We may always remember the 2018 season as the one where the Rays introduced the “opener.” After losing several starting pitchers (such as Nathan Eovaldi, Brent Honeywell, and Jose De Leon) to injuries in spring training, the Rays came up with an alternative to just going further and further down their depth chart for starting pitchers. Instead, the Rays would use a relief pitcher for the first inning or two, then bring in a “bulk guy,” who was essentially a starting pitcher just being used in a different order. The idea was that the pitcher who was going to be used for most of the game would get to start at the bottom of the order and it would take longer for the opposing team’s best hitters to see him more times.

The idea turned out to be a great success, and some other teams even started trying it. By the end of the season, the Rays were using just two starting pitchers (Blake Snell and Tyler Glasnow) and using openers on the other three days. The Rays plan on continuing to use openers next season, which isn’t surprising, especially since Honeywell and De Leon will likely miss the start of the season as they continue to recover from Tommy John surgery, and Anthony Banda will likely miss most or all of it.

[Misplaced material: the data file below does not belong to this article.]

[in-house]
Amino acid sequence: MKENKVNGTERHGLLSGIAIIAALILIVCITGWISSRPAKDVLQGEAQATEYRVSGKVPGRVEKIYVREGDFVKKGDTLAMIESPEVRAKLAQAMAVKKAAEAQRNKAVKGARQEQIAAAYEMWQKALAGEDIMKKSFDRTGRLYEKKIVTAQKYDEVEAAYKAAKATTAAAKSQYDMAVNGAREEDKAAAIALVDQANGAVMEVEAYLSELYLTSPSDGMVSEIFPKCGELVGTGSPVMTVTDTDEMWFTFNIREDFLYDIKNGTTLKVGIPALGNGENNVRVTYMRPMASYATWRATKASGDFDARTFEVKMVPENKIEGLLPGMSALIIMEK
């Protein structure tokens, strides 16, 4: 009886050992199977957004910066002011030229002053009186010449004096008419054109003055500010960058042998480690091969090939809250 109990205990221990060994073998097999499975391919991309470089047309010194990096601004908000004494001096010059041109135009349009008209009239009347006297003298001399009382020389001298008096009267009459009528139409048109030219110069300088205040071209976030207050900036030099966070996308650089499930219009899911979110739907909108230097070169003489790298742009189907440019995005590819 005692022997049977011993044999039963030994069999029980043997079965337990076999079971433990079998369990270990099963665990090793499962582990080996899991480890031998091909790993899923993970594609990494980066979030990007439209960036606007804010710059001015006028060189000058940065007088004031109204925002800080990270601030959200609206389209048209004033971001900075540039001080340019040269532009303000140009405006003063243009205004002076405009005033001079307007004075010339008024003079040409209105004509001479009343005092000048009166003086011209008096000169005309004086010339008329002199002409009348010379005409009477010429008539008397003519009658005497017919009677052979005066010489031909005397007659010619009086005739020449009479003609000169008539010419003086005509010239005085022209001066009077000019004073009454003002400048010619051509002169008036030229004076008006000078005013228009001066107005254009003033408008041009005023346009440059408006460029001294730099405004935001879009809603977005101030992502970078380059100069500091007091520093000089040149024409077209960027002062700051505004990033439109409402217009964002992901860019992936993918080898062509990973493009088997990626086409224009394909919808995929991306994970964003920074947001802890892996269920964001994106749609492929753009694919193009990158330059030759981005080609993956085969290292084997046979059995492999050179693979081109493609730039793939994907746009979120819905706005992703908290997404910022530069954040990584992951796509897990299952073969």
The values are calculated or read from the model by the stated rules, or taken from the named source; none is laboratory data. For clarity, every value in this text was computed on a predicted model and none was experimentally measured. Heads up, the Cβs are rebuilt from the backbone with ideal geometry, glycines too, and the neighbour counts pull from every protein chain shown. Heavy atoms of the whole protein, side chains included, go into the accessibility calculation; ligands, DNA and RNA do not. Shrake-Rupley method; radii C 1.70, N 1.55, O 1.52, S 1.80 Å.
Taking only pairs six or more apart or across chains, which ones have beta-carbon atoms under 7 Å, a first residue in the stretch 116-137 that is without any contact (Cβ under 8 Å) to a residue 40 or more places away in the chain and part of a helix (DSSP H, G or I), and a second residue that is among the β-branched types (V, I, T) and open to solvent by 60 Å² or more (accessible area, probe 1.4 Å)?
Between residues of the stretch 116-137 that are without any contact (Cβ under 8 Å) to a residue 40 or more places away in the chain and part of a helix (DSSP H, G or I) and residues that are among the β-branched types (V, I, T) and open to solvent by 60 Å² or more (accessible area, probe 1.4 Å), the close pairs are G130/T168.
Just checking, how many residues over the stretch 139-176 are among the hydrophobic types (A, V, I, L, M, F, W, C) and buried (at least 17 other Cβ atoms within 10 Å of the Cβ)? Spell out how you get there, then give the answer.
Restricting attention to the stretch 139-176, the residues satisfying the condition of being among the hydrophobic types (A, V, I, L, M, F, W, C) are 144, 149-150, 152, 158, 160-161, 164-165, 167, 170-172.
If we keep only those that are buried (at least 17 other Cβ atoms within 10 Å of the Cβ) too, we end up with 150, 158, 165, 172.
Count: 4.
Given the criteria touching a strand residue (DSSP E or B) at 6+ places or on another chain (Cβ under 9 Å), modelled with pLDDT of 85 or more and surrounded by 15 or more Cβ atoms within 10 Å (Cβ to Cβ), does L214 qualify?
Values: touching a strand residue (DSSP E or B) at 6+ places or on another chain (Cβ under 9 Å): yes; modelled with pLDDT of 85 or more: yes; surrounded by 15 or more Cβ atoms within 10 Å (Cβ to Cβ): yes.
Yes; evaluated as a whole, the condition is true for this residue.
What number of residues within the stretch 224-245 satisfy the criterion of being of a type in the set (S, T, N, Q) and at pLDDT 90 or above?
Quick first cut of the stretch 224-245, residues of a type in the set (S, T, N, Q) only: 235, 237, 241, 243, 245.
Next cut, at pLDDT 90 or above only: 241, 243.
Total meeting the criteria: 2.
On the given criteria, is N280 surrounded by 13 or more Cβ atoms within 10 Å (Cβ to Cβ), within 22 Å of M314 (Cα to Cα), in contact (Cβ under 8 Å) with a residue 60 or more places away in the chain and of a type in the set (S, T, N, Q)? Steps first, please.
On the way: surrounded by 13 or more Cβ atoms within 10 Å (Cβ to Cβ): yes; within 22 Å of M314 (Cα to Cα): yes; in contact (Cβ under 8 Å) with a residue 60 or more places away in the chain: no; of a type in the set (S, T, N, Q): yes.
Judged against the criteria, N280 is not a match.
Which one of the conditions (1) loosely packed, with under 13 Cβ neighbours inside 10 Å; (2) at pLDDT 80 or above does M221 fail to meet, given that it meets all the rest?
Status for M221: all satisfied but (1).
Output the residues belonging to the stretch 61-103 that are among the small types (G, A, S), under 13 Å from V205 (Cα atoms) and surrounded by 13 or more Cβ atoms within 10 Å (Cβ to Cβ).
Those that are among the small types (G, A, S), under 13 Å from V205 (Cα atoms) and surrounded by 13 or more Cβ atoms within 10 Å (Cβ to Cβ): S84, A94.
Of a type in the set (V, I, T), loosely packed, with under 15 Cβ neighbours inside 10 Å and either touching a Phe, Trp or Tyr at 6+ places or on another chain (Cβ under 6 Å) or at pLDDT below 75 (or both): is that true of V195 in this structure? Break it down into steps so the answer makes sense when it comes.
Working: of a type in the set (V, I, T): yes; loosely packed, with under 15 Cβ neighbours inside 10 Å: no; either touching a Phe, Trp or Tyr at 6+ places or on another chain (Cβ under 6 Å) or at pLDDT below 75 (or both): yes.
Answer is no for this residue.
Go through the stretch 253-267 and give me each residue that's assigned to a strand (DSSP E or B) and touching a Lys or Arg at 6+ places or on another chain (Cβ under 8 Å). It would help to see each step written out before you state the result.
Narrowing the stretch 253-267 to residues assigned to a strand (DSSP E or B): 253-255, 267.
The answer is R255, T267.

Highlights

From their nine walk-off victories (five of them courtesy of walk-off home runs) to their two, eight-game winning streaks, there were a lot of great moments for the Rays this season. One of them came on Opening Day. Trailing the Boston Red Sox 4-0 as they went to the bottom of the eighth inning, the Rays stormed back with a six-run frame. The big blow came from Denard Span, the Tampa native playing his first game for his hometown team, who hit a bases-clearing triple that turned a 4-2 deficit into a 5-4 lead. The Rays went on to win 6-4.